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How to travel with a person suffering from Disassociative identity disorder

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If your elderly parent or friend or relative is suffering from DID – Dissociative identity disorder, then it is obvious that you are struggling a lot to maintain good relations with that person. Dissociative identity disorder (DID), earlier known as multiple personality disorder (MPD), and colloquially known as a split personality disorder, is a mental illness that shows a minimum of two different and fairly stable personality states. Whether your loved one is diagnosed with the same by a psychologist or not, you will still doubt them for their different ways of living in extremes.

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If you are going to travel with a person having DID, here are some steps to ensure that the journey is smooth and not argumentative.

1) Tell them what you feel like in a soft tone:

A person suffering from DID or multiple personality disorder may have different perspectives on whatever they think or do. The distinct perspective may appear only during some times when they feel stressed out, it may not be always. It is only for the moment and you need to be calm even if the person with DID accuses you of doing things that they like. For example, if the person with DID had shared with you that they get cold and cough when they travel on a flight, then you may get a muffler or blanket for them. But their other personality may come to argue with you about why you got these unnecessary things and added your baggage. In response to such contradictory statements, you need to maintain your calmness and be patient.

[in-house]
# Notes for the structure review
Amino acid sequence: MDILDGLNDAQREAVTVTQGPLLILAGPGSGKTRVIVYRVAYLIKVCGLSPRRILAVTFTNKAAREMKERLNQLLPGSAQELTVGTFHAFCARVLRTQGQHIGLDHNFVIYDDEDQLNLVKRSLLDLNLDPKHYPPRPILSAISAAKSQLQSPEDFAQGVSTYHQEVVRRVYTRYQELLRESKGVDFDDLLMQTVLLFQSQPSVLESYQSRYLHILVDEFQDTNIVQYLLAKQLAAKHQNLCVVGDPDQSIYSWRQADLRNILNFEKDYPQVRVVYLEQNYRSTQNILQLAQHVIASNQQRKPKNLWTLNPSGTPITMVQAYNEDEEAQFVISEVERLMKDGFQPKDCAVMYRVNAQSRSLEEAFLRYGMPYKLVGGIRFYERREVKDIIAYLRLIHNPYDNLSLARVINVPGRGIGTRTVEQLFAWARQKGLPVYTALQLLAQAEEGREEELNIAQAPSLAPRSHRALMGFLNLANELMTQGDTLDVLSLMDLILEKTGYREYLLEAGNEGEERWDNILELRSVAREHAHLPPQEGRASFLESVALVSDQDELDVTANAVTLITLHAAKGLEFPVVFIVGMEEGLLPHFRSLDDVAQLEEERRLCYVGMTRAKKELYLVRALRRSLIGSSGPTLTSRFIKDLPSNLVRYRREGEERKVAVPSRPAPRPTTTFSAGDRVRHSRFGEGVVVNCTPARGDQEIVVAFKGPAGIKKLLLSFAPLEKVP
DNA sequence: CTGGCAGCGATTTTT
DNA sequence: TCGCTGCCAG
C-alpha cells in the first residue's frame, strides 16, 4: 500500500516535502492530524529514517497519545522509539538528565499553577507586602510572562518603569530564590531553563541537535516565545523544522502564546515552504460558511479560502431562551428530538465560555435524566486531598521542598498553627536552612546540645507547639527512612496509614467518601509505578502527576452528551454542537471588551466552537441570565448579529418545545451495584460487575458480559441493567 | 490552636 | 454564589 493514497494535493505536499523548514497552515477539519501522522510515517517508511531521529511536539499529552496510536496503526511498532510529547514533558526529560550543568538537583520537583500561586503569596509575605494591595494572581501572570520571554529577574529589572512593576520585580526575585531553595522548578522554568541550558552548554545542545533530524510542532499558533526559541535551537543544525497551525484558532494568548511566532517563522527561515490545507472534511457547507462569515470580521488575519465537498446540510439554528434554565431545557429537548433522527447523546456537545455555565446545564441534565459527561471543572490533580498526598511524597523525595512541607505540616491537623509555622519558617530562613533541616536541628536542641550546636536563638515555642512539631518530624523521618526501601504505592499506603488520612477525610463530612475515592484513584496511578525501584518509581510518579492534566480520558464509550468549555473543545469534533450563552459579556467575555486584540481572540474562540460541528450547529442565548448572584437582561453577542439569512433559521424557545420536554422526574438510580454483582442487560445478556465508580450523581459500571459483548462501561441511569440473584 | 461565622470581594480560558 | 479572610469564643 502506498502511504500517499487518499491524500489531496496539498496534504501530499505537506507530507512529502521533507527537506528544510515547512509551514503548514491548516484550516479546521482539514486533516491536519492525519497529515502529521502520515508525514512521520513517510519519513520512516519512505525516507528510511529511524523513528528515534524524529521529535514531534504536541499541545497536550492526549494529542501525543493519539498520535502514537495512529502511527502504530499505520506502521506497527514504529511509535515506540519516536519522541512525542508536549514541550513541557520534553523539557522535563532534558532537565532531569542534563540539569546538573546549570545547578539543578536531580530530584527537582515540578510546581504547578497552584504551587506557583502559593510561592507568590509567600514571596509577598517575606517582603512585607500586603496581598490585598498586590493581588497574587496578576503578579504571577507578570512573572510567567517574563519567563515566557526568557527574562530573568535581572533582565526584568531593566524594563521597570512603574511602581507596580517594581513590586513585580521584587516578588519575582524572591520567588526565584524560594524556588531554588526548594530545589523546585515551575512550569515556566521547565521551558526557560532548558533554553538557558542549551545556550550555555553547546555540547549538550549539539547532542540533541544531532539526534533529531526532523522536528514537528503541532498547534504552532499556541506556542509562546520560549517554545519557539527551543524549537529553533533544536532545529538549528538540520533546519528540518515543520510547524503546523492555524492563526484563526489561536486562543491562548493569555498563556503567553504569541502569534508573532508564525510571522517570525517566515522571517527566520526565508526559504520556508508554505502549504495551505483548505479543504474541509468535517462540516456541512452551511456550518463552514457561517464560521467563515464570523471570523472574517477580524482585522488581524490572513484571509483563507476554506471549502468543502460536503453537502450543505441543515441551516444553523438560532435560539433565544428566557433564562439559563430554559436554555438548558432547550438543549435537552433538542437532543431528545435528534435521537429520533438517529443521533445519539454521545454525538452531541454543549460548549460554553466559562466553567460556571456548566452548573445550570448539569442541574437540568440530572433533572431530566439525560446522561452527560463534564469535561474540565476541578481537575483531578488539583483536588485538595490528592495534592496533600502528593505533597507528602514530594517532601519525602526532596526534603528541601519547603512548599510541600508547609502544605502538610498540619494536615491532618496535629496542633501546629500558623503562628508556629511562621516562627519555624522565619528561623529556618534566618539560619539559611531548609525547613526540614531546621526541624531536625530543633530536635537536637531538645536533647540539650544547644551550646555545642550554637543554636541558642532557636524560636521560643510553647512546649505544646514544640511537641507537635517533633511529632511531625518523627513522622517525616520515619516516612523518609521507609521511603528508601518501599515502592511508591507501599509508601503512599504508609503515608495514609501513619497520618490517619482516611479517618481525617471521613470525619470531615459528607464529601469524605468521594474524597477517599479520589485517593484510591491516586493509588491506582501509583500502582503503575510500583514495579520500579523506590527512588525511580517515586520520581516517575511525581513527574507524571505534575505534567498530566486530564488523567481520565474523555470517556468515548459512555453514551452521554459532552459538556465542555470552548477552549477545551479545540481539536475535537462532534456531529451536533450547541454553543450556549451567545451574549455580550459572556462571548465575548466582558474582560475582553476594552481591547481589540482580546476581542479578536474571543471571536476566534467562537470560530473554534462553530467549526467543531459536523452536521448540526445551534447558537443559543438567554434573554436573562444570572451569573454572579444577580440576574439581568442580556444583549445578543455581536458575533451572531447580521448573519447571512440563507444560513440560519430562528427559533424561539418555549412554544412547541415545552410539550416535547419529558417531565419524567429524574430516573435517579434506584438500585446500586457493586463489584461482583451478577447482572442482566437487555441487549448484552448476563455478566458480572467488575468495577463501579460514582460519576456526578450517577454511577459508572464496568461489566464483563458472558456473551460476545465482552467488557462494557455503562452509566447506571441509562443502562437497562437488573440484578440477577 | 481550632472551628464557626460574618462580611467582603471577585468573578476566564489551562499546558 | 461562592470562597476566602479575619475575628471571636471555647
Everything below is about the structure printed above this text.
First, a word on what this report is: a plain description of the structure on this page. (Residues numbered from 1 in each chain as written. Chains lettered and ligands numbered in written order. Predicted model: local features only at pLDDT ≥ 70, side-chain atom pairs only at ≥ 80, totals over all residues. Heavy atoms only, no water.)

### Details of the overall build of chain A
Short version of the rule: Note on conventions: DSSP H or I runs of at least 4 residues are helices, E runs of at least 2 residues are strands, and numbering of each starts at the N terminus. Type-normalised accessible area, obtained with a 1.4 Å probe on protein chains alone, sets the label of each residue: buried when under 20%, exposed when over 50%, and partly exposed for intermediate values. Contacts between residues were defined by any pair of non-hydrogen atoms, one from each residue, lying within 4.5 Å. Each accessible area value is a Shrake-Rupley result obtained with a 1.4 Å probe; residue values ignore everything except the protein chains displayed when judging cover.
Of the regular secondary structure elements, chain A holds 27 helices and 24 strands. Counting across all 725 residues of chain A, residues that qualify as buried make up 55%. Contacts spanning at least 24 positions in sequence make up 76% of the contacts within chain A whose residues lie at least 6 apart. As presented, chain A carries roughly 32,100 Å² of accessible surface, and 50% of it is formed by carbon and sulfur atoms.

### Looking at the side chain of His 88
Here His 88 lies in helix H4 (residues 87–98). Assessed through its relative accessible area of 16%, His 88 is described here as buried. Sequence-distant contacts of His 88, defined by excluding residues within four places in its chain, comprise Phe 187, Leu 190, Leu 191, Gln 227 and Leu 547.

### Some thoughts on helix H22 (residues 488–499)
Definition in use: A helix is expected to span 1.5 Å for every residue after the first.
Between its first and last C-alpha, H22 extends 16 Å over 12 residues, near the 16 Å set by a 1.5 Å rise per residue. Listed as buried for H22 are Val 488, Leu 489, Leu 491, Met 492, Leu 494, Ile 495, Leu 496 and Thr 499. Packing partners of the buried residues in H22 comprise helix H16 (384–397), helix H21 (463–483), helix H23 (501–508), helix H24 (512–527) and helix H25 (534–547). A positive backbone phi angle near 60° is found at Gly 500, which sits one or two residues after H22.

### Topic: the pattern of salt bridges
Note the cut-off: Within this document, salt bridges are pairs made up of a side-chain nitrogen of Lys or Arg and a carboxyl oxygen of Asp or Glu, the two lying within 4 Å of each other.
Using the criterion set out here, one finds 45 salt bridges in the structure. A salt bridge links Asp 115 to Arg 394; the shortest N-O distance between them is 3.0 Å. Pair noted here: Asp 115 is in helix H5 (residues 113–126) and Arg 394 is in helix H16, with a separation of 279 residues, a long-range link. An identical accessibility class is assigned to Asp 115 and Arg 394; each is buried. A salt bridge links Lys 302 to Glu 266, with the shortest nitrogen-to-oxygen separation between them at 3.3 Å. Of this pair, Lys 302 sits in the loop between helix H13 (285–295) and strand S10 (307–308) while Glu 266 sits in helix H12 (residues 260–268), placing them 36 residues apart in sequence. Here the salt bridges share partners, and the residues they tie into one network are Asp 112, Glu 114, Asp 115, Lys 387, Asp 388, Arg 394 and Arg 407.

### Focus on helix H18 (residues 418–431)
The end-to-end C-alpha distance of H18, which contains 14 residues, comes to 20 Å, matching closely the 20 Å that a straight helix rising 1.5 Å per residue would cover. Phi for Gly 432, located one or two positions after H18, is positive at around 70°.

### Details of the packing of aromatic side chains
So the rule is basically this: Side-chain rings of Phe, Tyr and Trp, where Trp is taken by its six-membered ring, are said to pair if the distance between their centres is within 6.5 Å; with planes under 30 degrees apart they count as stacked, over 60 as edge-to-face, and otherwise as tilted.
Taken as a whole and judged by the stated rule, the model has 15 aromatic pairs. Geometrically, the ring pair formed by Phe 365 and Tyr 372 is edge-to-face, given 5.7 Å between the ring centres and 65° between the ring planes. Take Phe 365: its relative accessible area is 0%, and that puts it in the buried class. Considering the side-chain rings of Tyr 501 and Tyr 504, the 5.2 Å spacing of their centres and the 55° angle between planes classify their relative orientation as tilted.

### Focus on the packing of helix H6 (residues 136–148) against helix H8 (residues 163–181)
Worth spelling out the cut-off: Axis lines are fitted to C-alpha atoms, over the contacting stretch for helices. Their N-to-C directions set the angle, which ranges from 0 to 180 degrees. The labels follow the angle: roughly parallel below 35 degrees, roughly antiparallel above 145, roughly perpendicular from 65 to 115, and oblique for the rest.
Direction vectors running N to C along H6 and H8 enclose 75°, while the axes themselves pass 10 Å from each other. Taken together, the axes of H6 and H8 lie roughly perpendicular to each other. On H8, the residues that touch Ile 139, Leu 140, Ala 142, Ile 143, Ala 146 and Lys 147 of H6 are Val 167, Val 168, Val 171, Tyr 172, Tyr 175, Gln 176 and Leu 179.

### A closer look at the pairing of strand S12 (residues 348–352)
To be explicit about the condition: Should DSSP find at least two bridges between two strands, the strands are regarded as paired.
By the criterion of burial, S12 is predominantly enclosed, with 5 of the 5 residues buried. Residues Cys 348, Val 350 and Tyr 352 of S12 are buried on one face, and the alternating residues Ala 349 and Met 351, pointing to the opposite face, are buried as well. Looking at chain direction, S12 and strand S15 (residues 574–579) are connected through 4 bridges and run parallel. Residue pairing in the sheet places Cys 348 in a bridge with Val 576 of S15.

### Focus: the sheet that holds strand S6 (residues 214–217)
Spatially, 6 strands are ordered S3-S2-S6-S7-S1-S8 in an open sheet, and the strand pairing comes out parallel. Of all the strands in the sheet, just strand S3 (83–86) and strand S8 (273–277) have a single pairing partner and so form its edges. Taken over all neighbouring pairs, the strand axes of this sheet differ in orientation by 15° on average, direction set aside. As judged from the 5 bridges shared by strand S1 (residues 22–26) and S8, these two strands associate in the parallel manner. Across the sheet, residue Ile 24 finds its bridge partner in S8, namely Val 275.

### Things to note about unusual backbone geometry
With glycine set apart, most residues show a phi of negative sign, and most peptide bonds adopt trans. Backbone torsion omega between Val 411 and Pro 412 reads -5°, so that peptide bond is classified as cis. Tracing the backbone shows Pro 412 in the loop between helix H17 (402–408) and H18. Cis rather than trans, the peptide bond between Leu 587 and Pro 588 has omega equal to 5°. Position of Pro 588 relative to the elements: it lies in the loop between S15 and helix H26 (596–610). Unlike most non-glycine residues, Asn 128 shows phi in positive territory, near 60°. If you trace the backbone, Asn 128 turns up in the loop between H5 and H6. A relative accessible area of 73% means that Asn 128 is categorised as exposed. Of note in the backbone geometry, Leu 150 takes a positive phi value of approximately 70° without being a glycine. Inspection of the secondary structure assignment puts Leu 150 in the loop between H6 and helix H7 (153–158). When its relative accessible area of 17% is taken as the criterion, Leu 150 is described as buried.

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2) Don’t accuse them of whatever they do:

For example, if the person with DID throws away certain items on the train or flight travel when they are a different personality, don’t immediately accuse them or blame them for their wrong behavior. Because when they come to consciousness, they will not accept their wrong actions and instead accuse you of trying to manipulate them to agree on something that they have not done yet. So, patience is the biggest key if you want to have a good journey. 

3) Tell them it is okay if they bring back flashback memories:

They may see you sitting idle and would want to open up about all the wrong things that happened to them. Probably those may not have even happened in reality, but listening to them as a storyteller will pass your time and also make you not bored. You can simply nod your head and tell them it is okay to err if their this personality is of accepting their faults and blames. 

I know it is very risky to travel with someone to a distant location who has different views at any point in time. Instead of worrying and hurrying, it is better you keep calm and let them do the talking and emotional parts. You can think as if you are watching a series or movie to avoid getting harmed by their fluctuating personas. Taking the help of a counselor or psychologist if things seem to be uncontrollable is also one way of traveling and living with a person with DID.

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